Lenovo’s revenue hits $13.8bn, beats expectations

Alex Omenye
Alex Omenye

The world’s leading PC maker, Lenovo Group, has unveiled impressive fourth-quarter figures, showcasing a 9% surge in revenue to $13.8 billion.

This remarkable growth signals a departure from the pandemic-induced slump, marking a second consecutive quarter of revenue expansion after enduring five consecutive quarters of decline in the post-COVID landscape.

Remarkably, Lenovo’s quarterly revenue exceeded analysts’ expectations, surpassing the anticipated $13 billion mark. This positive trajectory aligns with the broader trend in the global PC market, which recently returned to growth after nearly two years of contraction, as highlighted by research firm IDC.

According to IDC, Lenovo solidified its position as the top PC vendor, boasting a 23% market share amidst a 1.5% year-over-year increase in PC shipments to 59.8 million units.

However, despite this quarterly success, Lenovo’s full-year revenue for the period ending March 31 dipped by 8% to $56.9 billion, slightly missing analysts’ forecasts.

Lenovo’s net profit for the January-March quarter witnessed an astounding 118% surge to $248 million, significantly outperforming analysts’ projections. Nevertheless, Lenovo’s shares experienced a 1% decline in Thursday’s afternoon trading session.

In a strategic move, Lenovo is actively diversifying its portfolio beyond traditional PCs, focusing on artificial intelligence and expanding its non-PC businesses, including smartphones, servers, and IT services.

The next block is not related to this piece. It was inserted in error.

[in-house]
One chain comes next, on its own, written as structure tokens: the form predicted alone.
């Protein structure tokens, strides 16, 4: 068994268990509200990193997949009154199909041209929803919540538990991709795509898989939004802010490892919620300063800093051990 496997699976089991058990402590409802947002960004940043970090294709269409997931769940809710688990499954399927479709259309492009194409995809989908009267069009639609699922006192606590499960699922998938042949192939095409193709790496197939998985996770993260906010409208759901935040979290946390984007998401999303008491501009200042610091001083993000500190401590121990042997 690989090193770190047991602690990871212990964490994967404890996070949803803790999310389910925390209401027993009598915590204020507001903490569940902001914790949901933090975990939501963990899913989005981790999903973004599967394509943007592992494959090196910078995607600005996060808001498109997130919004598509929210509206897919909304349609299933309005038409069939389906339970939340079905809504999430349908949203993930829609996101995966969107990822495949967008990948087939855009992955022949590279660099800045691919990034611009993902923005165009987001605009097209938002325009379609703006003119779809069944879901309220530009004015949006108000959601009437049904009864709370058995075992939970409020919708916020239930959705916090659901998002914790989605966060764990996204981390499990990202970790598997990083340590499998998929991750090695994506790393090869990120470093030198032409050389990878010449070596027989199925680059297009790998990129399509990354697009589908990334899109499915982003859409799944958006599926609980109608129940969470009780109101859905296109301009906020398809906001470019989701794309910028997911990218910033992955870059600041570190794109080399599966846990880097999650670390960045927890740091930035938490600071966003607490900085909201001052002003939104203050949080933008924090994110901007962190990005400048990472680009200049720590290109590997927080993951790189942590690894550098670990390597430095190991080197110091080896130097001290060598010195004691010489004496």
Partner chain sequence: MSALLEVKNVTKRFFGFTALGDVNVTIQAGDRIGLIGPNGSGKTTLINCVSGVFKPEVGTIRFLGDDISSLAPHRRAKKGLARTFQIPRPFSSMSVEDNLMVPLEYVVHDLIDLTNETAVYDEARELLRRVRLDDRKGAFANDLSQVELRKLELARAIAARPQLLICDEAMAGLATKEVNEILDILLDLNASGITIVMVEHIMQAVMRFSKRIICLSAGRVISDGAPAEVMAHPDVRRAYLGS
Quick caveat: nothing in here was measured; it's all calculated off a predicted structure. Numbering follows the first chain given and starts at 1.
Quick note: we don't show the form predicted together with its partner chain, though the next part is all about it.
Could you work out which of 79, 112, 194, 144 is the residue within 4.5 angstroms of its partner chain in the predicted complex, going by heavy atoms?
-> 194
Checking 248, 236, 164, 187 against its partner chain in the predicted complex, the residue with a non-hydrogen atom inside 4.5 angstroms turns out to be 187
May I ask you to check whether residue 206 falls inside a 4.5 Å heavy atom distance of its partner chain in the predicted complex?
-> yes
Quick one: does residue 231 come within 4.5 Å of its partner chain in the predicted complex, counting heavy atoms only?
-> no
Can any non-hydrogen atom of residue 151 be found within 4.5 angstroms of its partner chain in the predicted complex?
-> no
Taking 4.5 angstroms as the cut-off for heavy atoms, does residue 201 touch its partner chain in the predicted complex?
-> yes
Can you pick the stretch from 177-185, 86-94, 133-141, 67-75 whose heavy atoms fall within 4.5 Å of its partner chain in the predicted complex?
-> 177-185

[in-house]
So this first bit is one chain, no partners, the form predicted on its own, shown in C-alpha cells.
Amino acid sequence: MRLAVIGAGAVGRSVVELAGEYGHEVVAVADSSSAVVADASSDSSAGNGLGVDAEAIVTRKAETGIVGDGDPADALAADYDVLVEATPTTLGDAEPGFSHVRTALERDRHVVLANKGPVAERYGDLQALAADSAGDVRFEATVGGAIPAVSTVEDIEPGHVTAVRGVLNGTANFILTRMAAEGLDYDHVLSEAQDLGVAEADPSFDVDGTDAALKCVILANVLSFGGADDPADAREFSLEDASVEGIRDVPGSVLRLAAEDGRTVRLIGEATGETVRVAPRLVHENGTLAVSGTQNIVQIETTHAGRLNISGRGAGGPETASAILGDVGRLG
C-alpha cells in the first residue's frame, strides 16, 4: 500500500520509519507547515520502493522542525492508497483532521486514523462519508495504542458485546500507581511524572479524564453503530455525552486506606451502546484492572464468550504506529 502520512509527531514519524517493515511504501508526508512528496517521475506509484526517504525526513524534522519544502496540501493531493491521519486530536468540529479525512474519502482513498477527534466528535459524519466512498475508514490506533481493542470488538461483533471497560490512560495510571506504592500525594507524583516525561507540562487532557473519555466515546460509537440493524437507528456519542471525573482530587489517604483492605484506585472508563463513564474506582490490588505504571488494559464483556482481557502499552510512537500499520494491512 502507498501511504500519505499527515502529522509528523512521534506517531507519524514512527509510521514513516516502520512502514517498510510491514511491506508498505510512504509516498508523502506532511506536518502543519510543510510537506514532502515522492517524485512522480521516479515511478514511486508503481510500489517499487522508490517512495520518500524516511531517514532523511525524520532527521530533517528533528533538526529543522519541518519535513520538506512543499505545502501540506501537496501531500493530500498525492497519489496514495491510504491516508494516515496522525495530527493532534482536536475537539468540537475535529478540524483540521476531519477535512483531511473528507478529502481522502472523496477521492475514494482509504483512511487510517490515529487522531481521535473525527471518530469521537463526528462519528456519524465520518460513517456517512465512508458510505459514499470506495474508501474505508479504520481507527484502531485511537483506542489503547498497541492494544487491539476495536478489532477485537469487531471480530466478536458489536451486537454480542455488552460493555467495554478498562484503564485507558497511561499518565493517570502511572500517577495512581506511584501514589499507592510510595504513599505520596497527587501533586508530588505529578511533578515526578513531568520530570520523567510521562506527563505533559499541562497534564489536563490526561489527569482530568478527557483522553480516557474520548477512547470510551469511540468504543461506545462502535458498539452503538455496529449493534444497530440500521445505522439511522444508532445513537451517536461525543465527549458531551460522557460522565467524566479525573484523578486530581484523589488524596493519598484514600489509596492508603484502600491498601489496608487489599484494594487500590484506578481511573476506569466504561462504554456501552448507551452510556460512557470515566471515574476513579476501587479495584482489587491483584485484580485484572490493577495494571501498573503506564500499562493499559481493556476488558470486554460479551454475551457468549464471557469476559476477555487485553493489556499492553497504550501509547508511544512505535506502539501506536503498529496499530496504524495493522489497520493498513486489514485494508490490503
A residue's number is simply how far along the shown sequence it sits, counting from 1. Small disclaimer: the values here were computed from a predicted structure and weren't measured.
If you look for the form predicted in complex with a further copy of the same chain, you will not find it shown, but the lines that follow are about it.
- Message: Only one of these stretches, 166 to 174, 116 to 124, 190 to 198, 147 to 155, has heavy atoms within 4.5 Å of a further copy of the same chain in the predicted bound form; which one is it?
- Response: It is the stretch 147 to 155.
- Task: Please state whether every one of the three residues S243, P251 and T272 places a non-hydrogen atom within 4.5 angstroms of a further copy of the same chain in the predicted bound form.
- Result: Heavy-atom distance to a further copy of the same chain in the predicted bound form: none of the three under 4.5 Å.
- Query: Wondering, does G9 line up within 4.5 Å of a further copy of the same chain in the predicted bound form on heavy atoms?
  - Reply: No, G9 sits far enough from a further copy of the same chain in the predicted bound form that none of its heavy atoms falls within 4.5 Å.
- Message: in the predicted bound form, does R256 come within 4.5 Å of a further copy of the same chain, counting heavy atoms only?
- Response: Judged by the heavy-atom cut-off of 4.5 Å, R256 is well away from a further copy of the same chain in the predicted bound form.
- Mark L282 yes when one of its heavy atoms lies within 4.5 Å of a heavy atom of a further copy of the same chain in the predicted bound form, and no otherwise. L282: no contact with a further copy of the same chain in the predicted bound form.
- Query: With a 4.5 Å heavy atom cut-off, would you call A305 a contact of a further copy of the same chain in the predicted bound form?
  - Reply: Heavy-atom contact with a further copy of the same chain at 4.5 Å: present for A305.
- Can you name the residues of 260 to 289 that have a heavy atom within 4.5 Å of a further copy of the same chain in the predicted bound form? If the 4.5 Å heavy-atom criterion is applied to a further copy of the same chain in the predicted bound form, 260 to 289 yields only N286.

Notably, the revenue from its service business unit climbed by 8.5% to $1.8 billion for the quarter.

The recent unveiling of two new AI PCs has propelled Lenovo’s shares to a nine-year peak, with analysts predicting Lenovo to be a primary beneficiary of the burgeoning AI PC market in Asia.

While AI PCs currently represent less than 5% of the market, analysts project that by 2028, nearly two-thirds of new PCs will integrate AI capabilities.

Lenovo CEO Yuanqing Yang anticipates AI PCs to drive the PC replacement cycle, emphasizing their transformative potential.

Despite regulatory restrictions in China limiting access to certain Microsoft AI features, Lenovo remains poised to cater to Chinese consumers’ evolving needs, offering a comparable or superior AI experience.

In Yang’s words, “Most people’s next PCs will be AI PCs,” signifying Lenovo’s commitment to innovation and its vision of shaping the future of computing. With the imminent rise of AI PCs, Lenovo anticipates a paradigm shift in the PC landscape, positioning itself as a frontrunner in this transformative journey.

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